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Written by Tom Welch   
Wednesday, 04 March 2009

In today’s tough economic times, we have been challenged by Church leaders to do more with less. Doing more with less does not mean that we need to spend longer hours at the office taking quality time away from our families to get the work done. Instead, it means we need to be smarter in how we work. We need to leverage available resources including the skills and abilities of Church members. The implementation of such a project is much more difficult than it sounds.

Before we could engage members on a project, we had to share several tools and refine processes. Our preparation included building a license agreement, creating a wiki, deploying a source version control tool, defining an issue-tracking program, setting up a “sandbox” server and ensuring data protection. Here are some of the specific tools and processes.

In today’s tough economic times, we have been challenged by Church leaders to do more with less. Doing more with less does not mean that we need to spend longer hours at the office taking quality time away from our families to get the work done. Instead, it means we need to be smarter in how we work. We need to leverage available resources including the skills and abilities of Church members. The implementation of such a project is much more difficult than it sounds.

Before we could engage members on a project, we had to share several tools and refine processes. Our preparation included building a license agreement, creating a wiki, deploying a source version control tool, defining an issue-tracking program, setting up a “sandbox” server and ensuring data protection. Here are some of the specific tools and processes.

Individual Contributors' License Agreement

A prerequisite for participation on any Church project is for individuals to review and agree to the Church’s Individual Contributor’s License Agreement. This agreement is meant to protect both the Church and the individual from legal action resulting from source code, artwork, or other contributions. To contribute, follow the steps outlined under the “Requirements for Participation” section on the Wiki home page.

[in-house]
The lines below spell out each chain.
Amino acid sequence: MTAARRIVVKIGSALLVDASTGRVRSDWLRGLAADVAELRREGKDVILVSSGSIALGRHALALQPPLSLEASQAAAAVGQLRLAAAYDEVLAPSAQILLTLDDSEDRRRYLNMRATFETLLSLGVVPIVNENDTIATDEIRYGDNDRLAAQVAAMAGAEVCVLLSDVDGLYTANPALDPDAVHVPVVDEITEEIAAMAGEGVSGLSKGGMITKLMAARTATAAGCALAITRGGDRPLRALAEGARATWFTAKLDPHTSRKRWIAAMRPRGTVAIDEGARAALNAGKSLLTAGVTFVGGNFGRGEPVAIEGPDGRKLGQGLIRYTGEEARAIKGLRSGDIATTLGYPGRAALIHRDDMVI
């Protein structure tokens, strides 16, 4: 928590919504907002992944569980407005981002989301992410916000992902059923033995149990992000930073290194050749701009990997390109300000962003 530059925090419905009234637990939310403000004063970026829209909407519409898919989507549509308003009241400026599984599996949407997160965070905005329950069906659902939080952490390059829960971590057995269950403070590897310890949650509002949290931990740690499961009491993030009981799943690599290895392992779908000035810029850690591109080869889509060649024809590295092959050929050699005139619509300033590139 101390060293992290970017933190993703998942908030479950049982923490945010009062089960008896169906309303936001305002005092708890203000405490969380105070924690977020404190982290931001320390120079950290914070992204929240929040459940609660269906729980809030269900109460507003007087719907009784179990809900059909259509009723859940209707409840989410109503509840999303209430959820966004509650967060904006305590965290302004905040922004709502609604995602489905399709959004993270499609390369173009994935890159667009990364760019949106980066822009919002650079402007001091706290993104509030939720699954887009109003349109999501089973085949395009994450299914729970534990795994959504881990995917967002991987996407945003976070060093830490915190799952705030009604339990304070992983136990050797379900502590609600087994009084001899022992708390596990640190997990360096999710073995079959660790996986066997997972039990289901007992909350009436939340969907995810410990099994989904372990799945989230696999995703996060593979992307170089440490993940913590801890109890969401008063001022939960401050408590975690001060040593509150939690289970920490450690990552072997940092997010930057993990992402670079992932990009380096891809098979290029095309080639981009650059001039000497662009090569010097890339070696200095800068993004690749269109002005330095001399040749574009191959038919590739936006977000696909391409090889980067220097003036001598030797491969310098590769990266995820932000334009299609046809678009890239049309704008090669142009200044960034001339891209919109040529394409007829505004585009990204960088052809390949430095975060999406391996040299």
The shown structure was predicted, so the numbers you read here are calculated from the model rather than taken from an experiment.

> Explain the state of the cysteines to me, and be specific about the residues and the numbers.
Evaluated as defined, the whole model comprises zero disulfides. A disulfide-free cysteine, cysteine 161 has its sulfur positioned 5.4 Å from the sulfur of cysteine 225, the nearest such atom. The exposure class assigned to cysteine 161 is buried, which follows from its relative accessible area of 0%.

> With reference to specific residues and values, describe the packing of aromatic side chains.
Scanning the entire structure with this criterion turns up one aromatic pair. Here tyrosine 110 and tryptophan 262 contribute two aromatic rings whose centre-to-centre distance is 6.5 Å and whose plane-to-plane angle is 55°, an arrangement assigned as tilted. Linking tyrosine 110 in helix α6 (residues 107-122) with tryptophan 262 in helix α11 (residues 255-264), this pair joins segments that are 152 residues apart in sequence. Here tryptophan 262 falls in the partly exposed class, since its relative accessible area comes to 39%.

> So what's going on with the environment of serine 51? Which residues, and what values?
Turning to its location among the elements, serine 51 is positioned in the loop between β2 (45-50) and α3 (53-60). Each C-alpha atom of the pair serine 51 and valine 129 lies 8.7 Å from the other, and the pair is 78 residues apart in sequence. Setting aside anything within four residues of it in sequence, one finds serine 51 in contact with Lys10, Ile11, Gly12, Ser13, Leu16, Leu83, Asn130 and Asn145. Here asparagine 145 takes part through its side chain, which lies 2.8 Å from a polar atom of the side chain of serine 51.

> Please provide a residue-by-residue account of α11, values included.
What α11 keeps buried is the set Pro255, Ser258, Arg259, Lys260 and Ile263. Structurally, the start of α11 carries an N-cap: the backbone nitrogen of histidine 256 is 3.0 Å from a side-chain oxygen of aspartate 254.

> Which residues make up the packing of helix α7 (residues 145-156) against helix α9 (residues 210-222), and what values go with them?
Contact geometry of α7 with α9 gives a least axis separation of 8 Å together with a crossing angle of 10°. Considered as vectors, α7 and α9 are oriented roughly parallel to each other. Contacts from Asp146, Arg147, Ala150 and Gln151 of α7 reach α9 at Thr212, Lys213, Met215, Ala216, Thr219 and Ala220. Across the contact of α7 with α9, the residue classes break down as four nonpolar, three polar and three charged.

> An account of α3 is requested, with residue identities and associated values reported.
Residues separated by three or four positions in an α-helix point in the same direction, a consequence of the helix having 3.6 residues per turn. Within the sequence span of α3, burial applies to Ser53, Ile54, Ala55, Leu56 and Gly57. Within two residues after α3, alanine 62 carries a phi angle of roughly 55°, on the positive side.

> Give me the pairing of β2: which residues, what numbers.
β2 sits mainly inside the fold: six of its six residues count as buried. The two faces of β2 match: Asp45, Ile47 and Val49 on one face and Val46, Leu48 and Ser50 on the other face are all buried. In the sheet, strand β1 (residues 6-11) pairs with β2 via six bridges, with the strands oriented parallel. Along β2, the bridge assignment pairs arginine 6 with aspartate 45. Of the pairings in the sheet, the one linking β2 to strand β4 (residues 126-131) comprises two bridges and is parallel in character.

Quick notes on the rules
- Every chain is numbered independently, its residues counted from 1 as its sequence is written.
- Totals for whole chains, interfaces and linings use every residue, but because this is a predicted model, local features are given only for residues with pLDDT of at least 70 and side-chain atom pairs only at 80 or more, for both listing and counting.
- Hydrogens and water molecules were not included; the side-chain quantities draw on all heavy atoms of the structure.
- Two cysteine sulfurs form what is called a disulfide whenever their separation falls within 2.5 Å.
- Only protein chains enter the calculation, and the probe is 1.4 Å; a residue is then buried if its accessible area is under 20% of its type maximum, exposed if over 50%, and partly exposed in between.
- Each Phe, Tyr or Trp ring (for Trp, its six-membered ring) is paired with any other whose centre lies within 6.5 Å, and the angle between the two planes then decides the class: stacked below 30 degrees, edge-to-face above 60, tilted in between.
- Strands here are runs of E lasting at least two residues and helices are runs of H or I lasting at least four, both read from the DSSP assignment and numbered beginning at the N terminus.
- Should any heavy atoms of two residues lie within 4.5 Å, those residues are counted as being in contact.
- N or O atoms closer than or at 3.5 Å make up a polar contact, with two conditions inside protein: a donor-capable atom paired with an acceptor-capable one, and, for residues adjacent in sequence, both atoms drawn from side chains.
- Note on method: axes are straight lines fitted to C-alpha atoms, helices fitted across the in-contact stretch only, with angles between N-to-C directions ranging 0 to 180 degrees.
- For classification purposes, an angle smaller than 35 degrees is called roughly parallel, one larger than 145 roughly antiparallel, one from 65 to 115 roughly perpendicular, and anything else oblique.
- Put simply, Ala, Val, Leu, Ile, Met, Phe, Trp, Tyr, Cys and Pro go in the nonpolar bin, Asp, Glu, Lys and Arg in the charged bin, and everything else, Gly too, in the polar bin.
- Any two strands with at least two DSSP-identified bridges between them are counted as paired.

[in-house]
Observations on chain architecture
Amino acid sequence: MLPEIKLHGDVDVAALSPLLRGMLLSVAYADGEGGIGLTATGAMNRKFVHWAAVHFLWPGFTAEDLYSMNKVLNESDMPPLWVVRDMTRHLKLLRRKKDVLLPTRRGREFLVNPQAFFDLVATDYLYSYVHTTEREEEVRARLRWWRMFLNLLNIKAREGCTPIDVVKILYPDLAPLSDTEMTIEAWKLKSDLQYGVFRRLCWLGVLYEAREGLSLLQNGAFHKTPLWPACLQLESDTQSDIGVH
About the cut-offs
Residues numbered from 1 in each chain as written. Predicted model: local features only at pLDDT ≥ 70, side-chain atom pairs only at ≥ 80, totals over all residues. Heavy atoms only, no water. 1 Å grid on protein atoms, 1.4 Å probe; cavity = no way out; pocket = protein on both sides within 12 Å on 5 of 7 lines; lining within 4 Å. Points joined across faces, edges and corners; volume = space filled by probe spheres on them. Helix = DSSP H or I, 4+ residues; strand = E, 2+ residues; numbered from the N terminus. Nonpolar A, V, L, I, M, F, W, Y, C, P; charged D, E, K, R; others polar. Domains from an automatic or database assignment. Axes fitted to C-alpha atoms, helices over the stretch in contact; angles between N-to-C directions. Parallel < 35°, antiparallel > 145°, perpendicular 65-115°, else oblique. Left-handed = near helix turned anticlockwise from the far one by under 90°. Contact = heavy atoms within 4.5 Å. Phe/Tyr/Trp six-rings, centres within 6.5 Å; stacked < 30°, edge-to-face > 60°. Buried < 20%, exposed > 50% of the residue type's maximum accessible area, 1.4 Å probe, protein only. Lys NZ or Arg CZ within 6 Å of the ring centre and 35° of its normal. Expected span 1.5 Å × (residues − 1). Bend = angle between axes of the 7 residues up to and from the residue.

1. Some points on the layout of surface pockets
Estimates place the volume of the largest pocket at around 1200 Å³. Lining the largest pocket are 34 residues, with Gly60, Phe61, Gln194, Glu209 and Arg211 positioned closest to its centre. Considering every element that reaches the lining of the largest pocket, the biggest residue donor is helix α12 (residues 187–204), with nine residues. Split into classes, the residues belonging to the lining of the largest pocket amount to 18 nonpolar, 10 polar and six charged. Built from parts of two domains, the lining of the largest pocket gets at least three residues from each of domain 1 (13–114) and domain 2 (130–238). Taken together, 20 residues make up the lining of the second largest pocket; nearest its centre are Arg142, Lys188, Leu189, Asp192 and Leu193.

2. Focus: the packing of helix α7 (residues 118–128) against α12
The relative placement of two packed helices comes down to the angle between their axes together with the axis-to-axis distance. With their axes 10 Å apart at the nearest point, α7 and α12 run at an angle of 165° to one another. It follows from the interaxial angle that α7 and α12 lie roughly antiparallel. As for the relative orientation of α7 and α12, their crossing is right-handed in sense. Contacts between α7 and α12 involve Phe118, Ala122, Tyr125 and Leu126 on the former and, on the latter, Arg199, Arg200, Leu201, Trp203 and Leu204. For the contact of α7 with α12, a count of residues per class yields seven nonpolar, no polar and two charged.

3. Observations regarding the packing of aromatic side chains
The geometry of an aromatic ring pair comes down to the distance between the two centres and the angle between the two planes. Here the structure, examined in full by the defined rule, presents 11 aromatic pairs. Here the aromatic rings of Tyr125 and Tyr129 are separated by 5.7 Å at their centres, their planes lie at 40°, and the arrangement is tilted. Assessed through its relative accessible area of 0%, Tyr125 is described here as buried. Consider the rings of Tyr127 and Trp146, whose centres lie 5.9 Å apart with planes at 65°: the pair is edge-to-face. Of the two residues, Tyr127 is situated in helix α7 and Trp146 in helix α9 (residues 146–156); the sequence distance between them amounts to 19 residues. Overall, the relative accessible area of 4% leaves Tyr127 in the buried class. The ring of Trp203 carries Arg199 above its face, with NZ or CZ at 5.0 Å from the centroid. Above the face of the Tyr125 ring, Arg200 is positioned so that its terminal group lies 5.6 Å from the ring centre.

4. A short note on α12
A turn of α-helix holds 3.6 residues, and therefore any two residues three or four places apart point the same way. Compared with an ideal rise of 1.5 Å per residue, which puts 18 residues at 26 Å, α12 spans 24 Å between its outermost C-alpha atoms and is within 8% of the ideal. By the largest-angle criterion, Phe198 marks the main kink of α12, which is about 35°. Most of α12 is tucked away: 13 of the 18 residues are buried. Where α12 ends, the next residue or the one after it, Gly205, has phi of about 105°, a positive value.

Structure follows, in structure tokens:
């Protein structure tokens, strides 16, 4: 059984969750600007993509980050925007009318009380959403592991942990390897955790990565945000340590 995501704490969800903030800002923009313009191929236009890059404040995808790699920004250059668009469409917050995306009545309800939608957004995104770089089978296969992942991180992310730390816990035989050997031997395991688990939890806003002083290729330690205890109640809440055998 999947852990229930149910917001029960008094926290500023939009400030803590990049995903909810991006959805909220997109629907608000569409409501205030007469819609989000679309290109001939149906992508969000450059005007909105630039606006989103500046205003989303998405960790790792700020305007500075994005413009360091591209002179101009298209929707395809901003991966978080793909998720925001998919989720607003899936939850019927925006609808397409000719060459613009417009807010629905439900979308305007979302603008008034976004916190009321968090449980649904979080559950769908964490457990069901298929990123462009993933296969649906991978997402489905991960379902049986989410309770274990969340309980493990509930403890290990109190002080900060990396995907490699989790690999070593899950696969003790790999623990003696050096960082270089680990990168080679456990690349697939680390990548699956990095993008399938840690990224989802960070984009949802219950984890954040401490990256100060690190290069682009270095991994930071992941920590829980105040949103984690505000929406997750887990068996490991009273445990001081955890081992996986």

Wiki – https://tech.lds.org/wiki

We use a wiki to collaborate on specifications, design ideas, and functional requirements allowing us to create requirements documents and easily update them in an open forum.

Subversion – (example) https://dev.lds.org/svn/{project}

To access and collaborate on source code, we needed to deploy a source version control tool. There are many products available, but we have chosen Subversion. With Subversion, we can easily track source code changes, create tags for different versions, and create branches of projects. In addition to Subversion, we have built a custom administration module that allows us to create new Subversion repositories and maintain the permissions for various projects.

JIRA – https://tech.lds.org/jira

Once we have the project defined via the wiki, and a place to store source code, we need a tool that allows us to keep track of all of the tasks, bugs, and features of the software. The Church uses JIRA, an issue-tracking program, internally. A new instance was deployed that will allow us to track all of the issues and bugs around the various community projects.

Community Development Server – (example) http://tech.lds.org/{sandbox}

To test our software with the community, we needed to set up a server where we can deploy applications. This server, which we are calling the “sandbox” server, will host development builds and will automatically kick off builds of the projects so that developers and testers can see their work integrated with other people’s work.

Member and Leader Data APIs

It is very difficult to ask the community to help us build applications without providing access to membership or leadership data. However, because of privacy and security concerns, we cannot allow access to real membership data. We have, therefore, created some membership and leader application programming interfaces (APIs) that will access fictional member and leader data but will access real data when an application is deployed within our production environment. We have also created a tool that we call CODA (COmmunity DAta) that will allow the community to type in and create fictional data to help us maintain and update our sample data set.

Maven Repositories – http://dev.lds.org/javarepo/

Many of the projects we sponsor will require the use of the LDS Church Java Stack. The stack can be created using Maven and the Church’s Maven repository. This same stack code is used in many of the Church’s applications. You can read more about the Church’s Java Stack by visiting the LDSTech Wiki Java Stack page and the Stack Site.

We hope to streamline the process of engaging individuals engaged in helping us build more products. This will result in more products being built that will benefit members of the Church worldwide and will also help Church employees do more with less.

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